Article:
Tech UPTechnologyHow would living on the Moon affect our mental...

How would living on the Moon affect our mental health?

 

A prolonged stay on the Moon or an interplanetary trip to Mars or beyond has many risks . The most striking and the ones that receive the most attention are the physical risks, those derived, for example, from a long stay in microgravity or continuous exposure to cosmic radiation . And it is not for less, these risks are really serious. During the two decades of permanent occupation of the International Space Station , the effect of prolonged weightlessness on the human body has been investigated, reaching the conclusion that this results in a significant loss of muscle and bone . In fact, a 6-month stay in space can lead to the same loss of bone mass that we would experience on Earth for a decade , as a result of our natural aging.

In addition, continued exposure to cosmic radiation can increase the chances of developing cancer , since this radiation, from which the Earth’s magnetic field normally protects us , can affect the DNA of our cells. But this is not the only thing that can endanger the integrity of the astronauts. Long periods in isolation (partial or complete) can seriously affect the mental health of any person. Those who visit the International Special Station for long periods of time (with stays of several months and even up to a year uninterrupted on some occasions) do not seem to be affected by this problem too much , because in addition to having their fellow missionaries, they are in constant contact with the team on the mainland and have some communication with their families and loved ones. However, in more remote environments , such as the surface of Mars , communication will be much more restricted and this constant communication will not be as feasible.

On the one hand, the mere physical separation between the two planets is already a barrier to communication, since any message that is sent or received beforehand must travel for several minutes through the vacuum of space at the speed of light. Therefore, a real-time conversation or a simple video call are impossible . In addition, the infrastructure needed to send large amounts of information will be much more expensive to build on Mars, so at first they may be limited to sending simple text messages .

This is why studying how these experiences of extreme isolation can affect our brain is so important. That is what a collaboration is doing between the University of Surrey , the University of Milan-Bicocca and the company SAGA Space Architects , who have built a recreation of a lunar habitat in the northern region of Greenland to study the effects of these experiences on health. human mind.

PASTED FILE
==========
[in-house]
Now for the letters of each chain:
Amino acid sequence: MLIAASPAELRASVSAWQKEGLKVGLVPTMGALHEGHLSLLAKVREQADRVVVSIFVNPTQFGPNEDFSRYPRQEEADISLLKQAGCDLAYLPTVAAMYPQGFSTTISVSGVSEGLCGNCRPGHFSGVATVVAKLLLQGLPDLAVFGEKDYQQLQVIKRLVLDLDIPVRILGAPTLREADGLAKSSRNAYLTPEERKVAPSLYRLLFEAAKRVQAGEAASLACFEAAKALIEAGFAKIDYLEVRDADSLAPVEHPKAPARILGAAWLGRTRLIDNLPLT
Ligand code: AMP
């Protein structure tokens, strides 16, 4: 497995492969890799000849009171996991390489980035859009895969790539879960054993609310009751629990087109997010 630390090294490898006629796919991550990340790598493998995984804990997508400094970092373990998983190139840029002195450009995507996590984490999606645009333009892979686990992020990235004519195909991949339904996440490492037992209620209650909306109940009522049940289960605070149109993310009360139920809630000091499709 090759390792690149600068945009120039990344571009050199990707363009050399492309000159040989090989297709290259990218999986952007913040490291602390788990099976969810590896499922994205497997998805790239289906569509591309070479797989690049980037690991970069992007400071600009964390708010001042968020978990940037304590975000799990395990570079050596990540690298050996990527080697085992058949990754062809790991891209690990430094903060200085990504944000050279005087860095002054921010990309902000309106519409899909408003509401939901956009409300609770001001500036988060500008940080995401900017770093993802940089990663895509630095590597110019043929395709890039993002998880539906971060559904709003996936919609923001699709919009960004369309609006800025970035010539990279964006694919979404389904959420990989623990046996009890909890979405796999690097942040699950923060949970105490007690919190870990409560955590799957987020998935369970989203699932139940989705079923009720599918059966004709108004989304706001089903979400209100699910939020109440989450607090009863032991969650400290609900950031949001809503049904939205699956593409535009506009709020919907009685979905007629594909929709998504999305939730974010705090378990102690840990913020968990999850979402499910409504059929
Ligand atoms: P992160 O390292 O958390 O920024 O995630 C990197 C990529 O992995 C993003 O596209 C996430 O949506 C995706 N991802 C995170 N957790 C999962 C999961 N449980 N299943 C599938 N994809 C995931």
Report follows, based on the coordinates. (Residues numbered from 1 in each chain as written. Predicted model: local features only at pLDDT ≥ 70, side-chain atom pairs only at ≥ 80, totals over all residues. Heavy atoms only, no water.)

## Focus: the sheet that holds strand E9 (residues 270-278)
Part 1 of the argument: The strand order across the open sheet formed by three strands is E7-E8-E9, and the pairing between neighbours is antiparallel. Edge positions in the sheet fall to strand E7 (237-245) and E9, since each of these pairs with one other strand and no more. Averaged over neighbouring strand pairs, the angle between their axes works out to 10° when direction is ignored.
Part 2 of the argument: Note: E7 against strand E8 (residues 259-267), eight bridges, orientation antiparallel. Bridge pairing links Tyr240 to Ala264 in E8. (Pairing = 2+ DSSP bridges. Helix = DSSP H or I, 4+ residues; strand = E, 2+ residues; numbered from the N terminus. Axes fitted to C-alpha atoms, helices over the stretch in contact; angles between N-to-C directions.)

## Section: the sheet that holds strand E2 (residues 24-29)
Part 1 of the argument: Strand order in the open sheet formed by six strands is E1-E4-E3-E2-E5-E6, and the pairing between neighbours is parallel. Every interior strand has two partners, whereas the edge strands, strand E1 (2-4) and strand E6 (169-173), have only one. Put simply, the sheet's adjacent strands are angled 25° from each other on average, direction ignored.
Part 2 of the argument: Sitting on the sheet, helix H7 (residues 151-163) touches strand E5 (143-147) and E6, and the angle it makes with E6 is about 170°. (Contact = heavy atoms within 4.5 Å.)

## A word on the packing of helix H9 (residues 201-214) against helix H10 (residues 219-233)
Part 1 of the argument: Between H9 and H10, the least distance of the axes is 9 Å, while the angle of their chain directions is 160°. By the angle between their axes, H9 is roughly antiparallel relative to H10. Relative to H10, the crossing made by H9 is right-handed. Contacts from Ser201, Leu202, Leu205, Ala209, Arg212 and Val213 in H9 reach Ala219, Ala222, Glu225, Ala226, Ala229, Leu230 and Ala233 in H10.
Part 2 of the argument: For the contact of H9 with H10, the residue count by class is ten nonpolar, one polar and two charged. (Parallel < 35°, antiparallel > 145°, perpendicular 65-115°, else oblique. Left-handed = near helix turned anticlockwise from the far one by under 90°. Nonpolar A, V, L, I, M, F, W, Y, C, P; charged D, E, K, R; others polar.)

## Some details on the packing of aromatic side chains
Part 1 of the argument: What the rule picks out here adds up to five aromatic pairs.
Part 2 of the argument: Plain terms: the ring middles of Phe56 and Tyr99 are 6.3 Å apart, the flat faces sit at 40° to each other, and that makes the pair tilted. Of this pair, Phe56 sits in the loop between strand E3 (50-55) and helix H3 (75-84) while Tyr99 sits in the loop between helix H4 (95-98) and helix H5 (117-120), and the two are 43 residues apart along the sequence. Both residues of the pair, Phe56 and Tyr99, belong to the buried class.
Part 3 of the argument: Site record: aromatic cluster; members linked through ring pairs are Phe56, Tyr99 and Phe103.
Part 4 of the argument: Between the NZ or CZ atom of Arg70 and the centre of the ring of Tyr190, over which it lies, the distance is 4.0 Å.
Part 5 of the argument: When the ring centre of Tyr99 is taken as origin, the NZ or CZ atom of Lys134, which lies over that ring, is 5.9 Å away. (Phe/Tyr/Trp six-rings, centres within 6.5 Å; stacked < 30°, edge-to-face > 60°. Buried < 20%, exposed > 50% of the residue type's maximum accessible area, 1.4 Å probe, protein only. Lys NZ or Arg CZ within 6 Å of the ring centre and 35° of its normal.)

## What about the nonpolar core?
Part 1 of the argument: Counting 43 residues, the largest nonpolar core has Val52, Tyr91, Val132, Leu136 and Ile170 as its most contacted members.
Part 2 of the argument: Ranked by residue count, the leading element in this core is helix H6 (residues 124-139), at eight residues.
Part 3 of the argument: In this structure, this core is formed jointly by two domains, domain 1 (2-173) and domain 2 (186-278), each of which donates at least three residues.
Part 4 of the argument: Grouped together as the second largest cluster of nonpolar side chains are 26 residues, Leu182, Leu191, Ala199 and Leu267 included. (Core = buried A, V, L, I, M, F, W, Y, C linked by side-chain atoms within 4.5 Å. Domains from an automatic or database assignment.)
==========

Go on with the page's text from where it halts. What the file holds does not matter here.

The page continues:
This research was part of the LUNARK project that aimed to study how to build self-sufficient habitats on the Moon and how to design them to guarantee a successful mission on them. To do this, two architects from SAGA, Aristotelis and Sørensen, built a habitat that they occupied from September 2020 and for 61 days continuously, with contact with the outside world limited to a daily message of up to 160 characters to the control center in Denmark.

The cabin they occupied was specially designed for this mission and was prepared to withstand inclement weather and even the possible visit of polar bears, a visit that ended up taking place and that did not cause any setbacks for the mission. To keep track of their evolution, the research team monitored how the duo perceived the passage of time , the positive and negative emotions they felt throughout the day, the levels of satisfaction of their basic psychological needs and even if they developed any tendency to aggressiveness.

Social isolation has been used throughout history as a form of torture and is still used today as a punishment in some prisons . It is not surprising, therefore, the serious effects it can have on our mental health . Given the increasing pace of development in the technology that makes space exploration possible, it is a crucial time to study this other side of space exploration.

Among other things, the research showed that the desire for social contact on the part of the two architects increased with the passage of the mission , while their feelings of alienation, depression, helplessness or unworthiness did not seem to increase . Talking about personal matters or enjoying leisure time decreased the prevalence of these negative feelings but increased their desire for social contact.

The rapid pace of development of private industry, NASA’s plans to return to the Moon this decade and reach Mars in the next, and the disruption of powers such as China or India in the new space race will make access to space grow in the coming decades. That is why it is so important to do these studies now, before it is too late.

Referencias:

Paolo Riva et al, 2022, Social isolation in space: An investigation of LUNARK, the first human mission in an Arctic Moon analog habitat. Acta Astronautica, DOI: 10.1016/j.actaastro.2022.03.007

Drag me out, baby! When the Earth is taken from the street to spacetime

What should we know about the Thirring-Lense effect and how and when was this theory confirmed since its appearance in 1917?

The incredible symbiosis of a lichen

Lichens, an iconic example of symbiosis, hide more than you think.

A spectacular supernova was visible in the sky during the Middle Ages

Astronomers turned back the clock on the stellar explosion to determine when it took place. How long did this starburst occur? It was 670 years ago. How did they find out? We explain it here.

The only five people who have two Nobel Prizes

The first person to win two Nobel Prizes in different categories was the physicist and chemist Marie Curie.

The Moon formed instantly after a massive collision, according to a new study

The Moon's origin would not have been progressive within a debris disk around the Earth, but rather abrupt and rapid.

More